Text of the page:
That means if your household brought in $50,000.00, you could make less than $41,500.00 and still enjoy life! Conversely, that means if your income stays the same after you move, you’ll have 17% more value out of your money to save or take an extra vacation. That’s great news if you’re considering moving for work with the same salary, or if you’re one of the many retirees who have discovered that your fixed income would go much farther in our beautiful part of the country.

How do things like mortgages and groceries compare between New York and East Tennessee?

Let’s look at a few examples:

According to the cost of living calculator, the average home price in Albany is $397,060.67. The price for a comparable home in Morristown, Tennessee: $235,086.33. The difference: $161,974.33

That’s a huge difference! The great news is that Morristown has a great market of beautiful homes for someone looking to upgrade, downgrade or just get into their first home. It’s a diverse market in more than just price; lake homes, mini (or big!) farms, subdivisions … Morristown has a lot to offer.

What about daily living? Here’s how groceries compare:

Lettuce in Albany: $1.83 In Morristown: $1.43 Difference: $0.40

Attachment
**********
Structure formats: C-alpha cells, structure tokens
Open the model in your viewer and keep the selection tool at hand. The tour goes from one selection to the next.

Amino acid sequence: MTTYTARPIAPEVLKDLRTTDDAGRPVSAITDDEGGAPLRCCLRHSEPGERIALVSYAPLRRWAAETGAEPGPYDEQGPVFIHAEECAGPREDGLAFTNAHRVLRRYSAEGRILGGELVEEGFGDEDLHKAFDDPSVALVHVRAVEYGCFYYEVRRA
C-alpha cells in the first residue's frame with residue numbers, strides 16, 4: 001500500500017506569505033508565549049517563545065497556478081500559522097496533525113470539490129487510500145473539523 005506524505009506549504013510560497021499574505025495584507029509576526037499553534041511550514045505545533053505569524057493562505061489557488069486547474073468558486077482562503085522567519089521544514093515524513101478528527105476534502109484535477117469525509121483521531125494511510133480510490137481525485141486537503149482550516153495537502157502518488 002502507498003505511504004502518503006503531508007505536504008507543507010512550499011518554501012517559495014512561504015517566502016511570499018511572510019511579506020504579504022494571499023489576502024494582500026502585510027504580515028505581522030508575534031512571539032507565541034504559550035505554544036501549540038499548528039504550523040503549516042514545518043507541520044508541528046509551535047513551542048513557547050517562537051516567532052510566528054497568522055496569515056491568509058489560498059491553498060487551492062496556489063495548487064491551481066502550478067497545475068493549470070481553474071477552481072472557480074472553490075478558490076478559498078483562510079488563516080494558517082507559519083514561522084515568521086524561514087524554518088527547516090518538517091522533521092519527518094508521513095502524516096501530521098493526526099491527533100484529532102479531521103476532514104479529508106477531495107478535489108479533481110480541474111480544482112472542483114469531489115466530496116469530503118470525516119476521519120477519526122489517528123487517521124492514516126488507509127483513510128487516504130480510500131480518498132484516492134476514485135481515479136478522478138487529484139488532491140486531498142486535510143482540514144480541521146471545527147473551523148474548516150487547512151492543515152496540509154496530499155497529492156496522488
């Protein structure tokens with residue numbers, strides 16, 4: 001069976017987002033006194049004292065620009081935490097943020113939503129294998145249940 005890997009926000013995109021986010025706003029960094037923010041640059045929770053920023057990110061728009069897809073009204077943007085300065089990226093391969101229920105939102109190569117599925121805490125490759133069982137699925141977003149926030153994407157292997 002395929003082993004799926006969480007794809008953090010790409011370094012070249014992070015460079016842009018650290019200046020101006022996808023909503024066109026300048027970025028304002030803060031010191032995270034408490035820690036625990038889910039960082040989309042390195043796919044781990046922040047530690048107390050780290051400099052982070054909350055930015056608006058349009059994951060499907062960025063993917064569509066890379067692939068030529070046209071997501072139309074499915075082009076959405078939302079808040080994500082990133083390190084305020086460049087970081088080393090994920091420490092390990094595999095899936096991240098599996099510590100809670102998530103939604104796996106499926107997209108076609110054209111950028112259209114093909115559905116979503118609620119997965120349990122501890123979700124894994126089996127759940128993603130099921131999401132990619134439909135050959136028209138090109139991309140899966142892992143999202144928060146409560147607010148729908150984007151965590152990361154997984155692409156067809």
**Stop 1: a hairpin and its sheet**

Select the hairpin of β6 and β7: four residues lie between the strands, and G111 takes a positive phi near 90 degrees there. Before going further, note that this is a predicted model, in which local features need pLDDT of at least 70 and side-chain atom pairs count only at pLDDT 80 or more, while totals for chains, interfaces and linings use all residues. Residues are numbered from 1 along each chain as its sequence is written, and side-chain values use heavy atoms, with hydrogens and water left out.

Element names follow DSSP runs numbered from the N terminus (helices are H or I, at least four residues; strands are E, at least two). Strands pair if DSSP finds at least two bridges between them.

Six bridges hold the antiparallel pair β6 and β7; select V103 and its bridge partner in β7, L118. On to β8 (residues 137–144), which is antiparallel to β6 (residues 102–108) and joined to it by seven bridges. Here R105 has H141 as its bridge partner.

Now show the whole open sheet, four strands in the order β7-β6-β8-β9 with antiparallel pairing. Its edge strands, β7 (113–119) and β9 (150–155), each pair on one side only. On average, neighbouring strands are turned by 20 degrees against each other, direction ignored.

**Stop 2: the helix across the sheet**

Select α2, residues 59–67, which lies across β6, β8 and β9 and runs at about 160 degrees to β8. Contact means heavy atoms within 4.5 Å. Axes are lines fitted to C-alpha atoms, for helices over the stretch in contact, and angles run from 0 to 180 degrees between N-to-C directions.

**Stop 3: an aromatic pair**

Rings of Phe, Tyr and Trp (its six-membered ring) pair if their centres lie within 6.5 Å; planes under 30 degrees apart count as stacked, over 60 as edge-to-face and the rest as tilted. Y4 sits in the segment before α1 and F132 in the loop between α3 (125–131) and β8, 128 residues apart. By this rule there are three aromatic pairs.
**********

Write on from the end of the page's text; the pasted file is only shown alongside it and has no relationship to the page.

Canola Oil in Albany: $3.76 In Morristown: $2.95 Difference: $0.80

Dozen Eggs in Albany: $2.65 In Morristown: $2.26 Difference: $0.39

Coffee in Albany: $4.40 In Morristown: $4.20 Difference: $0.20

If that’s all you needed to buy this trip to the store, you’ve saved $1.79.

This is just a sampling, but you can definitely see how even a few dollars per grocery trip can add up to hundreds by the end of the year! That’s money that can go toward a trip to Dollywood, or back into your investment account to earn even more money. (And, don’t worry, if you need a good banker: we have plenty of those, too.)

There’s a lot more to love about our area than just lower cost of living. Remember that part we mentioned about good quality of life? We have all four seasons here in East Tennessee, with gorgeous spring flowers, stunning autumn leaves, lush, green summers and just enough winter weather to leave us all refreshed and ready for warmth again.

Let’s do a quick winter weather comparison between Albany and Morristown.